Nonfiction Wednesday is hosted by Alyson Beecher @ Kidlit Frenzy
After the bombing of Pearl Harbor, Mexico pledged its support to the United States and the war effort. In retaliation, German U-boats torpedoes two Mexican oil tankers. Mexico’s small peace time army limited its ability to defend itself or participate in military actions, but its president assembled the country’s best pilots and formed Air Fighter Squadron 201 – the Aztec Eagles. These pilots and their support crews were sent to the U.S. to train for fighting missions as part of the Allied forces engaged in military operations across the Pacific area under the command of General MacArthur.
The Aztec Eagles carried out many brave and successful missions in the Philippines, and returned to Mexico as celebrated war heroes. But one of them, Sargent Angel Bocanegra, had left his mark even before he had left Mexico for his training. Bocanegra, a teacher, had been trying unsuccessfully to raise funds for a proper school for the children of his village. When the Mexican president had asked the departing soldiers if they had any requests to make, Bocanegra had boldly stepped forward to ask for a school. By the time the Aztec Eagles returned home after the war, this school had been built in their honor, and Bocanegra could return to his first passion: teaching.
Dorinda Makanaonalani Nicholson tells this little known story in The School The Aztec Eagles Built: A Tribute to Mexico’s World War II Air Fighters. I loved the many photographs throughout the book, which help tell this remarkable story.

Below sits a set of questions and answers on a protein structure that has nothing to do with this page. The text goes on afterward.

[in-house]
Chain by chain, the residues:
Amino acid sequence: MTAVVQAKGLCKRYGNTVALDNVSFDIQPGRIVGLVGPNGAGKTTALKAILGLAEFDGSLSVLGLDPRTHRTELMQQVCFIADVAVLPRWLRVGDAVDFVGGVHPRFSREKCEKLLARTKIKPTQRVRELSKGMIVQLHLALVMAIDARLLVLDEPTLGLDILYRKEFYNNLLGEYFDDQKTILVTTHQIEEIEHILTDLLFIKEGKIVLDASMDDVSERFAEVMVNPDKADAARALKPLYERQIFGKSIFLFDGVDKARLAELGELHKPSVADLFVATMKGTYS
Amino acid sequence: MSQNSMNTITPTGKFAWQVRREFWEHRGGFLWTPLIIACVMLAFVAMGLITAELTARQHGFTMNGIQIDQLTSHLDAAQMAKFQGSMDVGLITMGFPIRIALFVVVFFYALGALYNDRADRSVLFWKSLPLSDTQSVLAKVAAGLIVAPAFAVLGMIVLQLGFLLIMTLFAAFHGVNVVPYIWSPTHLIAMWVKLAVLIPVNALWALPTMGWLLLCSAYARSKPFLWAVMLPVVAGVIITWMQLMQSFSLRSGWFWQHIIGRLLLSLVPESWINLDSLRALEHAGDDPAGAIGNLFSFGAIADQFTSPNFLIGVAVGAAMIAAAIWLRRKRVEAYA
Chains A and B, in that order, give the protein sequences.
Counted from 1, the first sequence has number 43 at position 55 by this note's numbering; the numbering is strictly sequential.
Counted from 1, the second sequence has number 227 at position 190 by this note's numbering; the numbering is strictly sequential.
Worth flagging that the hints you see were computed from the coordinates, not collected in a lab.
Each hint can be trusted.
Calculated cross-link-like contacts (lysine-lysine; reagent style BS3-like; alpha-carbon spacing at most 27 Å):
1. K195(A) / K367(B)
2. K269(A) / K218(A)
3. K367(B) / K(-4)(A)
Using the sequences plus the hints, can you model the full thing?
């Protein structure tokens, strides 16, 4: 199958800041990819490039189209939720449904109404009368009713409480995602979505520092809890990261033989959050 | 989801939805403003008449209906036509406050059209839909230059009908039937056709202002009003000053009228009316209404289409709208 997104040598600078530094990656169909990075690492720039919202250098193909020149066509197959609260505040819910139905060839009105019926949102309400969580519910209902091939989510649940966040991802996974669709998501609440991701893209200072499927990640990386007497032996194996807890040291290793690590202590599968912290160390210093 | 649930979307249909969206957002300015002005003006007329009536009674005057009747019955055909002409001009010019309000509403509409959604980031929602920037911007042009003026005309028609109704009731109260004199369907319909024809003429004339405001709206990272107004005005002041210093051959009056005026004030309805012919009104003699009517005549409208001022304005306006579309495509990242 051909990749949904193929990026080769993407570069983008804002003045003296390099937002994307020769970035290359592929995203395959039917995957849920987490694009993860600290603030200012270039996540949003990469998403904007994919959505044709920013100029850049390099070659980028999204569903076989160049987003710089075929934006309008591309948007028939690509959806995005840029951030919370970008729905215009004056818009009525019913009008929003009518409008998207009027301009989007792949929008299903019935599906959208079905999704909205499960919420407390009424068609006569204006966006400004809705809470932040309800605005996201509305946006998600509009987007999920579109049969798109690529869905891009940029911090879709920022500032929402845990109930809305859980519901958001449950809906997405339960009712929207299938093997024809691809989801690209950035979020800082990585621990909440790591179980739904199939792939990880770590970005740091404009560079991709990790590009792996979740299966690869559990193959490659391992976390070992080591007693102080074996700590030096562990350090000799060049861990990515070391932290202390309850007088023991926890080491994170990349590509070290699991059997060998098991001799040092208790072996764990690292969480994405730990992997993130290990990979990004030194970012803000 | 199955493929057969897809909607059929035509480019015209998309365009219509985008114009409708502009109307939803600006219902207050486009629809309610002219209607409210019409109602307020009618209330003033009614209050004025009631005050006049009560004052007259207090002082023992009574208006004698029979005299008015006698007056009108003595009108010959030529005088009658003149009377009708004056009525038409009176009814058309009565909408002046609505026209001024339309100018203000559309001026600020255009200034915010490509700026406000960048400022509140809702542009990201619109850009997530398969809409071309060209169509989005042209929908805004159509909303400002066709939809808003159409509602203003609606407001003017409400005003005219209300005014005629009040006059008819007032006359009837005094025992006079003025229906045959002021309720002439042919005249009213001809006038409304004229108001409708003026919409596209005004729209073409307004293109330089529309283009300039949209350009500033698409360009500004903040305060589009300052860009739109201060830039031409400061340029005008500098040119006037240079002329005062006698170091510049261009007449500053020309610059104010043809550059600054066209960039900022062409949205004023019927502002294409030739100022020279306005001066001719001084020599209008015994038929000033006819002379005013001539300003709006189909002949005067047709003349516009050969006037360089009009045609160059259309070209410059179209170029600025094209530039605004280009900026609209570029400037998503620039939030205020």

Ricard Sobol’s Growing Peace: A Story of Farming, Music, and Religious Harmony is just the sort of book we need right now: a book about how people of many faiths can come together and create a community based on economic cooperation and religious harmony.
J.J.Keki, a Ugandan coffee farmer and aspiring musician, was visiting New York City, the World Trade Center specifically, on the morning of September 11th., 2001. Deeply affected by what he experienced, he returned home with a mission and an idea.
When he met with his neighbors, J.J. brought a message of cooperation and sharing. What was the one thing they all had in common? Coffee. His idea was that they form a cooperative for farming and selling their coffee. If they worked together they might get a better price and also spread a hopeful message. They could show the world that people of different religions could work and live together peacefully.
The Peace Kawomera coffee cooperative, has grown from 250 members in 2005 to 1,ooo members as of 2016. Religious differences in the cooperative are honored and respected, and members work together for the collective good of their community and its children. The success J.J.’s mission gives us all hope. Richard Sobol is an award-winning photojournalist, his stunning photographs are such an important part of J.J.’s story.